Between 2014 and 2024, science, technology, engineering, and math—or “STEM”—fields are projected to play a key role in U.S. economic growth, adding almost 800,000 new jobs and growing 37.0 percent faster than the U.S. economy as a whole. Immigrants are already playing a huge part ensuring that Alaska remains a leading innovator in industries like life sciences and oil and gas engineering.

STEM workers who are immigrants 10.6%
STEM Master’s students who are foreign nationals 15.1%
STEM PhD students who are foreign nationals 28.9%


In the coming years, the American healthcare industry is projected to see rapid growth—adding more new positions from 2014 to 2024 than any other industry in our economy. In Alaska, a state where more than one out of every 11 people is currently elderly, finding enough healthcare workers remains a challenge—and one that will likely worsen in the future.

Open healthcare jobs to unemployed healthcare workers 26:1
Doctors who were educated abroad 8.9%
Psychiatrists who were educated abroad 20.8%
Nurses who are foreign-born 8.9%
Health aides who are foreign-born 15.2%


Immigrant families have long played an important role helping to build housing wealth in the United States. In recent decades, the more than 40 million immigrants collectively in the country increased U.S. housing wealth by $3.7 trillion. Much of this was possible because immigrants moved into neighborhoods once in decline, helping to revitalize communities and make them more attractive to U.S.-born residents. In Alaska, immigrants are actively strengthening the state’s housing market.

Immigrant homeowners 9,583
Share of recent homebuyers who were foreign-born 6.1%
Housing wealth held by immigrant households $2.4B
Amount paid by immigrant-led households in rent $9.7M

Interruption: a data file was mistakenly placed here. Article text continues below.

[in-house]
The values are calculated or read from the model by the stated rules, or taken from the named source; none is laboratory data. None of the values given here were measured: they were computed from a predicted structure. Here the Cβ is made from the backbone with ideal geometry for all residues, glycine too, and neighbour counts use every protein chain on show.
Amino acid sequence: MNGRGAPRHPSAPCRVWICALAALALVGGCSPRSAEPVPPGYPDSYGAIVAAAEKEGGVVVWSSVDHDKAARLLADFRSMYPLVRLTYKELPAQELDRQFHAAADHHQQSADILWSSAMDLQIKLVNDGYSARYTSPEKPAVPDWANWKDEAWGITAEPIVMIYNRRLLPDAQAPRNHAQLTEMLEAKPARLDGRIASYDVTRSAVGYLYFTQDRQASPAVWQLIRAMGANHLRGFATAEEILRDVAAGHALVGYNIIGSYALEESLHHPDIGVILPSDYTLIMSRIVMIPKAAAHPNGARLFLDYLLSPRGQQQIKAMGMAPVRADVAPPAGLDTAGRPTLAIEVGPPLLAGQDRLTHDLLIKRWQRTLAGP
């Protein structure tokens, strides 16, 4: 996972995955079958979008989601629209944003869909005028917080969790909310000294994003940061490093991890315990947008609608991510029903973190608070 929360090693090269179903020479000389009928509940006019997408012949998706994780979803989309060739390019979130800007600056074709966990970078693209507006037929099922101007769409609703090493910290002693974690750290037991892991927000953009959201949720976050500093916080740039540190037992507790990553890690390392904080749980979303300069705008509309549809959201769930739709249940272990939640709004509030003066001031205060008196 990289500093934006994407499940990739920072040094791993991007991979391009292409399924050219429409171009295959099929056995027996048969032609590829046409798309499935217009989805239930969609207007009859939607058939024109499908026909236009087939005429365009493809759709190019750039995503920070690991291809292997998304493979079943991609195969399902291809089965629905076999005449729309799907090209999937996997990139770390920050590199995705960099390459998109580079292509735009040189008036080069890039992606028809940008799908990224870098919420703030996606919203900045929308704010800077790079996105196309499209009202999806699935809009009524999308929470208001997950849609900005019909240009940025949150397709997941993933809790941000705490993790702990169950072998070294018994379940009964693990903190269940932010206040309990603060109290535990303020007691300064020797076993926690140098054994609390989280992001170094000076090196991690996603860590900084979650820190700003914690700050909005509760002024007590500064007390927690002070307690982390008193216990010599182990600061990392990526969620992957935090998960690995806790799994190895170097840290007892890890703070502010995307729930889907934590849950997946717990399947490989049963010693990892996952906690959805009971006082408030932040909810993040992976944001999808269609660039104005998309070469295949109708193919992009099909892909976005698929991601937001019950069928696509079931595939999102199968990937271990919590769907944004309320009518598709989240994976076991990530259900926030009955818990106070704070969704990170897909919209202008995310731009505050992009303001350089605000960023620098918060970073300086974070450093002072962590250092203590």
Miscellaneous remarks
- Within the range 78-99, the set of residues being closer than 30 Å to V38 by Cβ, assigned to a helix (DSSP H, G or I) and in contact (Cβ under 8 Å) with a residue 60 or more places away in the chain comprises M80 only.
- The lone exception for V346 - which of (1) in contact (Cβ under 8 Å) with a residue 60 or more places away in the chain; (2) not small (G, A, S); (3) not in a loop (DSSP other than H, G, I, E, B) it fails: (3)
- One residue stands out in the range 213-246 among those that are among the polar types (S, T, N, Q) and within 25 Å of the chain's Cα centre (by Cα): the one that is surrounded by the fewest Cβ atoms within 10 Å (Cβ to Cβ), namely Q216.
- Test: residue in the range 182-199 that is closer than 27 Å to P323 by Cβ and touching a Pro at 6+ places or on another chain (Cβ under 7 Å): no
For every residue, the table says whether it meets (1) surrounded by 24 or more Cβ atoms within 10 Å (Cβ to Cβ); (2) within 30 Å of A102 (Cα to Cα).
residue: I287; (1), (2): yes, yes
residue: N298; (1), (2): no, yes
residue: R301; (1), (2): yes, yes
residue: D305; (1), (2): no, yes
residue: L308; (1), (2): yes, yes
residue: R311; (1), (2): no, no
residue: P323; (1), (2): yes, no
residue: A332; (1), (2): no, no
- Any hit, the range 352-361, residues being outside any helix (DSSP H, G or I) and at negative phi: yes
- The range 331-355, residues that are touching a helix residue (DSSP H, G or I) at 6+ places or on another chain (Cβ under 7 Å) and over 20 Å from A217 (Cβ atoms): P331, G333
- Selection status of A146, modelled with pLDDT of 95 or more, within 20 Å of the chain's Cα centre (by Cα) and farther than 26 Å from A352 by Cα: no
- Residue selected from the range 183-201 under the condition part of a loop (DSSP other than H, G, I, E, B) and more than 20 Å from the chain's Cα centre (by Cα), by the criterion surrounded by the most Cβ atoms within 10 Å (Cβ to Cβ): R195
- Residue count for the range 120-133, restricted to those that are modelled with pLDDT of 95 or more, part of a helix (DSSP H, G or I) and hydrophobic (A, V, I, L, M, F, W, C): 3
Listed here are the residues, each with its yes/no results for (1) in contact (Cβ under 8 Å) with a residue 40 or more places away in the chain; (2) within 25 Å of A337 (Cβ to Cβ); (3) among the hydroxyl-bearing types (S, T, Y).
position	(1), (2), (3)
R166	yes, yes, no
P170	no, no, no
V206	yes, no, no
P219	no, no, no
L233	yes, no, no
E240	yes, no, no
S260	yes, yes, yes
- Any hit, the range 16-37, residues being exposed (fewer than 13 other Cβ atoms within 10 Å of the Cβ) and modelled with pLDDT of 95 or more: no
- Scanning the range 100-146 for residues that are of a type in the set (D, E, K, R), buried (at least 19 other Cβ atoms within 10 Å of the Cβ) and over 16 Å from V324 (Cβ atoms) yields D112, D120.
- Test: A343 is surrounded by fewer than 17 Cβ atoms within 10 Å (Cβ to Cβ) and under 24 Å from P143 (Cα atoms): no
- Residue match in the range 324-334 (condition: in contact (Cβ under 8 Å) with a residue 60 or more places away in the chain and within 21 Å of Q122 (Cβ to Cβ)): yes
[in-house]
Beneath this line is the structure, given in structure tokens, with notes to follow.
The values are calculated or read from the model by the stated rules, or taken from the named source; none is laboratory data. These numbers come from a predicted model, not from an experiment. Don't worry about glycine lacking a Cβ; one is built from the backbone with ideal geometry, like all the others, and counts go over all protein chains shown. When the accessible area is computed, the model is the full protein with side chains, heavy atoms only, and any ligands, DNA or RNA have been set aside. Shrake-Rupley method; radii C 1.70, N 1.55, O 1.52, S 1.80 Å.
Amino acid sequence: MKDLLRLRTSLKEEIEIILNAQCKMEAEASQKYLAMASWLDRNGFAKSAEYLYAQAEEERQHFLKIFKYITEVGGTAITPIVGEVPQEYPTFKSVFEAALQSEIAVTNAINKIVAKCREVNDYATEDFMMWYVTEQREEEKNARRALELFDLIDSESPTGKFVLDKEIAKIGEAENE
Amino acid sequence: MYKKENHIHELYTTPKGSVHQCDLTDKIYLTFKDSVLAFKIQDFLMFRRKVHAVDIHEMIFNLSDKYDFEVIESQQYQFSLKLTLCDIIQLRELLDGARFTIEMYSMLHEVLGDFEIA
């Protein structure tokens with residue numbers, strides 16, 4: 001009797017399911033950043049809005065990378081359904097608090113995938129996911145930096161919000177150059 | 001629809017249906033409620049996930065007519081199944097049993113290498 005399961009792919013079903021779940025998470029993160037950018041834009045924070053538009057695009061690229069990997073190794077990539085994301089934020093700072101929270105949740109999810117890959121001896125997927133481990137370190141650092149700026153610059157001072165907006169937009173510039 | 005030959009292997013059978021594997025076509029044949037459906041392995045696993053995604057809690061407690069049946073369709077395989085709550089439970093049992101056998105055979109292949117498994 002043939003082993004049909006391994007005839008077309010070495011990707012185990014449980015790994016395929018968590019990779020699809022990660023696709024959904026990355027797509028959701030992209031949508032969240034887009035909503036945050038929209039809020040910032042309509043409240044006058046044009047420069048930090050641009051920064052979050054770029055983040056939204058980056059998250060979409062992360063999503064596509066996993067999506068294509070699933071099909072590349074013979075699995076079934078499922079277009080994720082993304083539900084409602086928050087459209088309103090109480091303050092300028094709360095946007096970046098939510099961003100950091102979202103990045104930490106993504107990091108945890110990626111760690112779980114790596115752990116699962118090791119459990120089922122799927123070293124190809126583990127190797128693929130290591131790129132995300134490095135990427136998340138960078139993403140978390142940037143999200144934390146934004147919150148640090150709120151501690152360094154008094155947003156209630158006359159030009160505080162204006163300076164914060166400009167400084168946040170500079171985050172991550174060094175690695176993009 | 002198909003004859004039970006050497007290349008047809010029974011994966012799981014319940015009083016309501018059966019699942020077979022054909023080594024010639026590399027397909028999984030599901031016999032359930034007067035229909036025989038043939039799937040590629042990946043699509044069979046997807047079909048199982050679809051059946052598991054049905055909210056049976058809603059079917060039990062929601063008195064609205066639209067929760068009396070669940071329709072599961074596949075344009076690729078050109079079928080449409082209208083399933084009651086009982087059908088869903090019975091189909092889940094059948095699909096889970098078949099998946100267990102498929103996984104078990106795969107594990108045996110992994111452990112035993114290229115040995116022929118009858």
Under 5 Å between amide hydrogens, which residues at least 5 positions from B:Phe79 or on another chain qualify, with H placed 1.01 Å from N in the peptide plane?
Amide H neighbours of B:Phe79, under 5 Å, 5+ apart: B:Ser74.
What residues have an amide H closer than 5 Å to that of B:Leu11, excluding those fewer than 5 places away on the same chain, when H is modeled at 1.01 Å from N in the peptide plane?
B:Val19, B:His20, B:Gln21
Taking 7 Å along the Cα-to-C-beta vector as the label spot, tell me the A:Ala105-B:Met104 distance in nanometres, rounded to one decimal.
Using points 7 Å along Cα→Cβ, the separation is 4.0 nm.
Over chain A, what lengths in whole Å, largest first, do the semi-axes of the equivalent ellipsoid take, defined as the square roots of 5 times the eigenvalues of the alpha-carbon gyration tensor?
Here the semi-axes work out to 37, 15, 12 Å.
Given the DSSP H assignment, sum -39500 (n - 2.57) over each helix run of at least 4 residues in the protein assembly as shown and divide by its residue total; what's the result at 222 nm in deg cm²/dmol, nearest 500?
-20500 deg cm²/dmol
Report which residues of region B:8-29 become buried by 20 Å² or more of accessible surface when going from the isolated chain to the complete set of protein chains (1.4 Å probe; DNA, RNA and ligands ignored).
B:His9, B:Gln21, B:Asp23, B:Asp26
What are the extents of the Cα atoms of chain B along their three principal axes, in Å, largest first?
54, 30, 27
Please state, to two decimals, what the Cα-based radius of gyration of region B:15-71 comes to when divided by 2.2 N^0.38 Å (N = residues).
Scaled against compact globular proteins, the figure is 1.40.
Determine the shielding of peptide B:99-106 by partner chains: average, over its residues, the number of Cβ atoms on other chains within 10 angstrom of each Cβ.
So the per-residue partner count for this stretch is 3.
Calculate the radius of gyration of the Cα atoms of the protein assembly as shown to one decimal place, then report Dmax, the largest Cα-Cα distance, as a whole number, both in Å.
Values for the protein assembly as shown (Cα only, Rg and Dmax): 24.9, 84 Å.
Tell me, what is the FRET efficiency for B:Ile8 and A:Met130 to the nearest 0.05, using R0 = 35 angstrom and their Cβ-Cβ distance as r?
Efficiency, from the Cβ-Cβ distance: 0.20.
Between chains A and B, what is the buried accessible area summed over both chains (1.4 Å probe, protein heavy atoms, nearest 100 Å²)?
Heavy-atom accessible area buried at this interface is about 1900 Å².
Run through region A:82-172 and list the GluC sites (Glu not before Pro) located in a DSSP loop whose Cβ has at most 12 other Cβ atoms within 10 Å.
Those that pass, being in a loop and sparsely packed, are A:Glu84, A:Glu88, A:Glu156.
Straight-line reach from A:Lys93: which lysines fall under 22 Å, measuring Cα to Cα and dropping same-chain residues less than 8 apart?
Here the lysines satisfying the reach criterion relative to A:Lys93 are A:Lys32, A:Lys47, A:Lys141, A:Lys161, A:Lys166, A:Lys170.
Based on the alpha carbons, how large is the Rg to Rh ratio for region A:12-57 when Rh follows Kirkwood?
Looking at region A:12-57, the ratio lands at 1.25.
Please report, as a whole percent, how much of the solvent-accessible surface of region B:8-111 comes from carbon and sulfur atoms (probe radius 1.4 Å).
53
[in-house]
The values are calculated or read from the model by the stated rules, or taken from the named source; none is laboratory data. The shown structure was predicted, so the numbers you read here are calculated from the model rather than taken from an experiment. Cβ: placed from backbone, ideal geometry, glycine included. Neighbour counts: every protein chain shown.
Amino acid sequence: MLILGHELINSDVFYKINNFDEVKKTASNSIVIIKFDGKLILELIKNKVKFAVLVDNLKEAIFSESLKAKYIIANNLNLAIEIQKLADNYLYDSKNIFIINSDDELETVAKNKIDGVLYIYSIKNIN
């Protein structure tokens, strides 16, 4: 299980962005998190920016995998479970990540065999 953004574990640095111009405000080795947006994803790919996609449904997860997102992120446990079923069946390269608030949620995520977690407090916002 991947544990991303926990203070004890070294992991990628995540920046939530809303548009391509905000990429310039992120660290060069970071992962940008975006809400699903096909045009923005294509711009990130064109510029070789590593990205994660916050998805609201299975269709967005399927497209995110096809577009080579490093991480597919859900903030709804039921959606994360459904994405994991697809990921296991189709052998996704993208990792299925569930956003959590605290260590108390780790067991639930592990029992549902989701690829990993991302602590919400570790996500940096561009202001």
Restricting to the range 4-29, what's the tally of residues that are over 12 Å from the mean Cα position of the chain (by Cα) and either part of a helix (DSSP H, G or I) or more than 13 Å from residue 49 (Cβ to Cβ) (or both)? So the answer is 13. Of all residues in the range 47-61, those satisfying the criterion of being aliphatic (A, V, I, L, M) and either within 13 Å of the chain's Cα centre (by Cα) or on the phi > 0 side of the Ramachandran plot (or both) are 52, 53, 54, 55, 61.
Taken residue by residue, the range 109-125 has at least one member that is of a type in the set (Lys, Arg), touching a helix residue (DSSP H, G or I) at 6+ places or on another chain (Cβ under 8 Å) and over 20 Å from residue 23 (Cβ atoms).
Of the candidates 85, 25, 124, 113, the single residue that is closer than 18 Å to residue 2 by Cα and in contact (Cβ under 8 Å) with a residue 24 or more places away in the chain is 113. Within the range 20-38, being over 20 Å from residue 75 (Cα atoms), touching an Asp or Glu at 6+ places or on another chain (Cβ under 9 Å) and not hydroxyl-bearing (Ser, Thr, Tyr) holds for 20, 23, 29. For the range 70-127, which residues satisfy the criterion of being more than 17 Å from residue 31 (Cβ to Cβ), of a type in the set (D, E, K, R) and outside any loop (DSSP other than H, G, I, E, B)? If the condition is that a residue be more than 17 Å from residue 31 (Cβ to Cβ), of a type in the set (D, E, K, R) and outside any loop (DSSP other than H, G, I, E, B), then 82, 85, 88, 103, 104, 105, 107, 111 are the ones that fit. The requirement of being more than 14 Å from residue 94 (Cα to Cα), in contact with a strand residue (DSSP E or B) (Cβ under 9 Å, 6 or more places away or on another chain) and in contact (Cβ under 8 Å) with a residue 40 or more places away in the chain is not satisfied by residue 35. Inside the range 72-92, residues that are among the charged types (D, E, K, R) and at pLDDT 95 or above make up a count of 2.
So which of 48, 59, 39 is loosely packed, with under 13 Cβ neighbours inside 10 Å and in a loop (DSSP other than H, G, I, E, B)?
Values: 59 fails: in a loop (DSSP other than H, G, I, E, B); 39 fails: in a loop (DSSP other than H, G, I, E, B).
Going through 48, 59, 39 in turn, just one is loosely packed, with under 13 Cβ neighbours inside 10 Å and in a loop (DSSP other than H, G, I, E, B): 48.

International Students

International students in the United States contributed more than $30.5 billion to the U.S. economy in the 2014-2015 school year and supported more than 370,000 jobs through their tuition payments and day-to-day spending. Research has found that increases in the number of international students at American universities boost innovation and patent creation. International students represent a small portion of all students in Alaska, but they make a big impact.

Students at Alaska colleges and universities who are international students 1.8%
Economic contribution of international students $17.6M
Jobs supported by international students 162

Voting Power

Nationwide, the power of immigrant voters is likely to continue to be a large factor in upcoming elections. Given their modest numbers, immigrants may not sway presidential elections in Alaska, where Mitt Romney won by roughly 42,000 votes in 2012, but their votes may make a difference in closer statewide contests and primaries in the near future.

Immigrants eligible to vote 27,750
Immigrants registered to vote 17,528
Immigrants eligible to vote in 2020 31,841
2012 presidential election margin of victory 42,036

Undocumented Immigrants

The United States is currently home to an estimated 11.4 million undocumented immigrants, the vast majority of whom have lived in the country for more than five years. The presence of so many undocumented immigrants for such a long time presents many legal and political challenges. But while politicians continue to debate what to do about illegal immigration without any resolution, millions of undocumented immigrants are actively working across the country, and collectively, these immigrants have a large impact on the U.S. economy. This is true in Alaska, where undocumented immigrants contribute to many sectors of the economy, including the manufacturing, food, and accommodation industries.

Undocumented immigrants 7,891
Share of undocumented immigrants, working age 62.0%
Undocumented entrepreneurs 593